Those who can, teach
Why do social sciences in India thrive best outside the university system, asks Pratap Bhanu Mehta, (‘Rigour in the margins’, IE, November 15), lamenting that India’s most creative writers and social scientists (with the honourable exception of history) have been housed in research institutes cut off from students. Surely this self-congratulatory myth-making has to stop? This constant devaluing of teaching and the refusal to recognise the heavy odds that undergraduate and postgraduate teachers work against while still producing world-quality research, accompanied by mutual back-patting between a handful of Boys’ Club members that has become common sense across the media, because the Boys’ Club has clout in the media.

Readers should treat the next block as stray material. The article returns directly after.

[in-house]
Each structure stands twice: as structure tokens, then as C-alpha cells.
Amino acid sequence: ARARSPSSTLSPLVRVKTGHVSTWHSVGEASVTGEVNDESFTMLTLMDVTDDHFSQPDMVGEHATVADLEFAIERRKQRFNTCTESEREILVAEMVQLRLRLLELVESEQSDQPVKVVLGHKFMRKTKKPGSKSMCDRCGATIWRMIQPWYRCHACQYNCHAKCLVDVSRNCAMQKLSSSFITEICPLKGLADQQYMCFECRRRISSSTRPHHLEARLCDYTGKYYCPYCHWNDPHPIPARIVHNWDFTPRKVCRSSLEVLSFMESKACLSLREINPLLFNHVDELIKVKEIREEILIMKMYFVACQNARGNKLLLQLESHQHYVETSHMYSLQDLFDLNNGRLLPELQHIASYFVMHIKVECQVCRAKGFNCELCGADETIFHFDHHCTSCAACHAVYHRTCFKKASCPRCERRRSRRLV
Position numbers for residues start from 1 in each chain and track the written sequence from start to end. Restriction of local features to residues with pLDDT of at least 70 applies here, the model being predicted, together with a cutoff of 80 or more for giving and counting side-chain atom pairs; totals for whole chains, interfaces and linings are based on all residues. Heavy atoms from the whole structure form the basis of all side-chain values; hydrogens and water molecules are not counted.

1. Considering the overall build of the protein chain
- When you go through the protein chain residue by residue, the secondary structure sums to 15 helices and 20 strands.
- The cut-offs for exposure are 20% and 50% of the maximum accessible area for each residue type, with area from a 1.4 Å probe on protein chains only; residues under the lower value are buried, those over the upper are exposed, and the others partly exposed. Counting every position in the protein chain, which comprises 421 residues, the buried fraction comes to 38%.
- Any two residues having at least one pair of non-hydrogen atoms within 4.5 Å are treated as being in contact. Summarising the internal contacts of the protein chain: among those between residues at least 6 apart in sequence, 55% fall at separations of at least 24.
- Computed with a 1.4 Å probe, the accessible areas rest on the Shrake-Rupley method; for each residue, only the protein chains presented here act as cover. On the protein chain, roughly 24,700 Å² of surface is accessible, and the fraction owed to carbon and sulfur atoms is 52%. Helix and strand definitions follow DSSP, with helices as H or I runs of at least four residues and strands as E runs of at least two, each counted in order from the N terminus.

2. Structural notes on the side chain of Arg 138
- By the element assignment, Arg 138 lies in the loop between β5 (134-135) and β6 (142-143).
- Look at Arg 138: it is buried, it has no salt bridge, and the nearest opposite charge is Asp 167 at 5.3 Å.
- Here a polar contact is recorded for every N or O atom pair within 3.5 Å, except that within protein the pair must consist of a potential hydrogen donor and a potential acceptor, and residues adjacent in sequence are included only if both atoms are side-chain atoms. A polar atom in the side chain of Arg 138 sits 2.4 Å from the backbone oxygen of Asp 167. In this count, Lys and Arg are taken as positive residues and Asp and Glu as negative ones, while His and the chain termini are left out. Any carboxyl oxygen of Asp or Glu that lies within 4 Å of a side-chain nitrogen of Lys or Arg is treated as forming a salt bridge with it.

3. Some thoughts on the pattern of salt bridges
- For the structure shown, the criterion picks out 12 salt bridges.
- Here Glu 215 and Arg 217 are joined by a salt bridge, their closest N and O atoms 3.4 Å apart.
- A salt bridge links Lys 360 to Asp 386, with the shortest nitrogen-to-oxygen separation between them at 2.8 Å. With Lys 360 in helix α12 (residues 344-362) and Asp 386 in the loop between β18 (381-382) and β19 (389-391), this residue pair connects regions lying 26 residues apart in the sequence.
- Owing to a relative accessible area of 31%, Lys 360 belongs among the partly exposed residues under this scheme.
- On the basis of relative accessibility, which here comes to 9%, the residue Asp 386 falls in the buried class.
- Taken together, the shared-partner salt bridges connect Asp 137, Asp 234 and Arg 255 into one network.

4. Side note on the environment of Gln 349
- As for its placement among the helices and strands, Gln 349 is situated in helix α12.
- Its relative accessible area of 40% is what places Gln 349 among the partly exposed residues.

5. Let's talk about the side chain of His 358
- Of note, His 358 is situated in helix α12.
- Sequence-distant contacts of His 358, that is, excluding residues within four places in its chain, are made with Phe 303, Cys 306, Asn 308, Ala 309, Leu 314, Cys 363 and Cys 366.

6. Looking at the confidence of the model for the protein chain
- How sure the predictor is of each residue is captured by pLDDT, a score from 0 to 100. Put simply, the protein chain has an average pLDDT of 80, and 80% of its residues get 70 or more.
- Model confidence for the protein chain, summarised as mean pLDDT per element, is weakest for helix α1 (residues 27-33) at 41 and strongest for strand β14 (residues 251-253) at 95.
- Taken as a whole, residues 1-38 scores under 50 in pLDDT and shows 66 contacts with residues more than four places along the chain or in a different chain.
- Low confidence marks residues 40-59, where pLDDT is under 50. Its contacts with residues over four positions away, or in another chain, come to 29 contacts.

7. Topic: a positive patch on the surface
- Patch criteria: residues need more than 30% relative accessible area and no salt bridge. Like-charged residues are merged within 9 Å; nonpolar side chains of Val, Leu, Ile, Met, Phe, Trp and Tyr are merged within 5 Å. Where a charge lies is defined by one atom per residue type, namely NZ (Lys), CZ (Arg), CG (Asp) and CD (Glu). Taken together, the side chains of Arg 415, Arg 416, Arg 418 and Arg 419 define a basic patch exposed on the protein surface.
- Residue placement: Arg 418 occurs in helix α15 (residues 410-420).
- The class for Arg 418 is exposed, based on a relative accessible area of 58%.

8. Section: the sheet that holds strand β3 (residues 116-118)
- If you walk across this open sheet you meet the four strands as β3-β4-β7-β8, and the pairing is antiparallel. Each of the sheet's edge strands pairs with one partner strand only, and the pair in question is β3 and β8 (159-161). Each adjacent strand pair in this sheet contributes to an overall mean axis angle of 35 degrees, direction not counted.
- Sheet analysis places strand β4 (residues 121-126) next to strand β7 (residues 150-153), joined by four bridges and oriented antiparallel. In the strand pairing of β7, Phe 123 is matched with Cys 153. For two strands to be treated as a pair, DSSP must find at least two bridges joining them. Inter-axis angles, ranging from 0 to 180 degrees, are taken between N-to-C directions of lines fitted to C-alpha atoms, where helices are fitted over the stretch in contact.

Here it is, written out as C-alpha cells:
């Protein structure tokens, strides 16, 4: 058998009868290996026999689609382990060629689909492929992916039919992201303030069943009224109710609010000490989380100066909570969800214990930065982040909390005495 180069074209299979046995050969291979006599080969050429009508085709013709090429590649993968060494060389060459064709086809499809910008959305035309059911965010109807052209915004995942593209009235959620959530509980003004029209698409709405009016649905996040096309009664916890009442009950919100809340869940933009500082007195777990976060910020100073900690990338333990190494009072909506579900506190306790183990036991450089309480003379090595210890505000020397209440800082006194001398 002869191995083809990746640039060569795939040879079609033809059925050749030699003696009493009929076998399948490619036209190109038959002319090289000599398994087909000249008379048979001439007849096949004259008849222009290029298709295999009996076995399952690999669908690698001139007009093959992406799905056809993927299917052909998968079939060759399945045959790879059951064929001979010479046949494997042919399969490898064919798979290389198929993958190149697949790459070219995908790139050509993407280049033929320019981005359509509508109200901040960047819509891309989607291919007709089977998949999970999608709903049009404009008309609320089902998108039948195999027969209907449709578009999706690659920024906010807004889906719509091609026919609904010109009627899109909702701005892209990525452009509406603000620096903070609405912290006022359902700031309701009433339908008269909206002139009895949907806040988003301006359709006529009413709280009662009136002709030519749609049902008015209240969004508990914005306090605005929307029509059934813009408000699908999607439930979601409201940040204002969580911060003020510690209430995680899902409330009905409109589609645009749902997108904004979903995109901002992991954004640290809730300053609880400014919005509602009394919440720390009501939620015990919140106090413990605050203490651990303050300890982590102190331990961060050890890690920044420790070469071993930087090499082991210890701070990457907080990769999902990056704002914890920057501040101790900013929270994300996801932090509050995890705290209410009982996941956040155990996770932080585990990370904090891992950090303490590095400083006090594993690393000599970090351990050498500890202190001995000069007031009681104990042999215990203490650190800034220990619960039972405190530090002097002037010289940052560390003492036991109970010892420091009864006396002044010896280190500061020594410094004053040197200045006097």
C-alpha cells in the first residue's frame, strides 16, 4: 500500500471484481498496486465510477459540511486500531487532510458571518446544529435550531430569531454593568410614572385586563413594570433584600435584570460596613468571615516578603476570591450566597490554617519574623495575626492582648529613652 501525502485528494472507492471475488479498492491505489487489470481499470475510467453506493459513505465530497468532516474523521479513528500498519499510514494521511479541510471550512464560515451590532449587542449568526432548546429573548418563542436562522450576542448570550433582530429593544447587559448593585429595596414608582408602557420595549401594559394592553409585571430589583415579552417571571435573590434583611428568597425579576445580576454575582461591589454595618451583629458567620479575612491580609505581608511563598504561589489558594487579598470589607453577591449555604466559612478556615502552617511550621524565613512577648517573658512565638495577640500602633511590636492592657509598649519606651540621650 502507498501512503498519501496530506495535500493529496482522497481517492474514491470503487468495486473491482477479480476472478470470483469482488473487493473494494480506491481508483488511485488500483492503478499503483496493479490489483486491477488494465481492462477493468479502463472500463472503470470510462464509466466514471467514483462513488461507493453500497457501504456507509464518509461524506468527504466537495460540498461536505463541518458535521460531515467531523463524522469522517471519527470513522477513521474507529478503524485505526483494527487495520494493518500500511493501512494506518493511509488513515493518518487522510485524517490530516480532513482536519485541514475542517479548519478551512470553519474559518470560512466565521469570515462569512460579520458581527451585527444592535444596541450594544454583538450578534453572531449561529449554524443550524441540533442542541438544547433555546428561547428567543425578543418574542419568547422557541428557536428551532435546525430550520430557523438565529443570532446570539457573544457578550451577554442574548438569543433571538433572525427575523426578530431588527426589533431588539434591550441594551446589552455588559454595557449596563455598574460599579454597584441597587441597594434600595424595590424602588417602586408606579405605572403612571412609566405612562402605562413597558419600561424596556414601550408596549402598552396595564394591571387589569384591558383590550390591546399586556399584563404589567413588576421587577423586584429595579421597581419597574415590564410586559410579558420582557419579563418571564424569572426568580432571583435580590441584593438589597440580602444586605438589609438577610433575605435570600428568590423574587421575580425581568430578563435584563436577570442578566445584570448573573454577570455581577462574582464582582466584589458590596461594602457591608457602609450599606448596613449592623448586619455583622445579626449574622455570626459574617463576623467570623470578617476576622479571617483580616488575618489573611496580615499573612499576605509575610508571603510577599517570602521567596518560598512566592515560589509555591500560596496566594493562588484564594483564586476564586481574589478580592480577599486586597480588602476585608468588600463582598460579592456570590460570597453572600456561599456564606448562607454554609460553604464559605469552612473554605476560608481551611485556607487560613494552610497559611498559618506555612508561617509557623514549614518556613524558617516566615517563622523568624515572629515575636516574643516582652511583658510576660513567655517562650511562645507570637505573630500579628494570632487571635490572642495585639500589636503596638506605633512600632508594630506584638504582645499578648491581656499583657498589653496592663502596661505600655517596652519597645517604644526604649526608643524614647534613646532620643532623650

First, is it true that creative scholarship emanates only from research institutes? Certainly names can be named, justifiably awe-inspiring names — Rajni Kothari, Ashis Nandy, Partha Chatterjee. But take a minute to scan scholarship across disciplines other than history (which Mehta concedes does not fit his claim) — multi-disciplinary feminist work, sociology, literary studies, political science, economics — almost every name that springs to mind is a teacher: Sharmila Rege, Veena Das, Alok Rai, Zoya Hasan, Sudipta Kaviraj, Prabhat Patnaik. I invite those literate in social science scholarship to continue the exercise and reflect on the tenability of Mehta’s claim, especially when many high-profile members of research institutes neither teach nor publish.
Of course, Mehta is ignorant of the academic writing (not just newspaper pieces) in Indian languages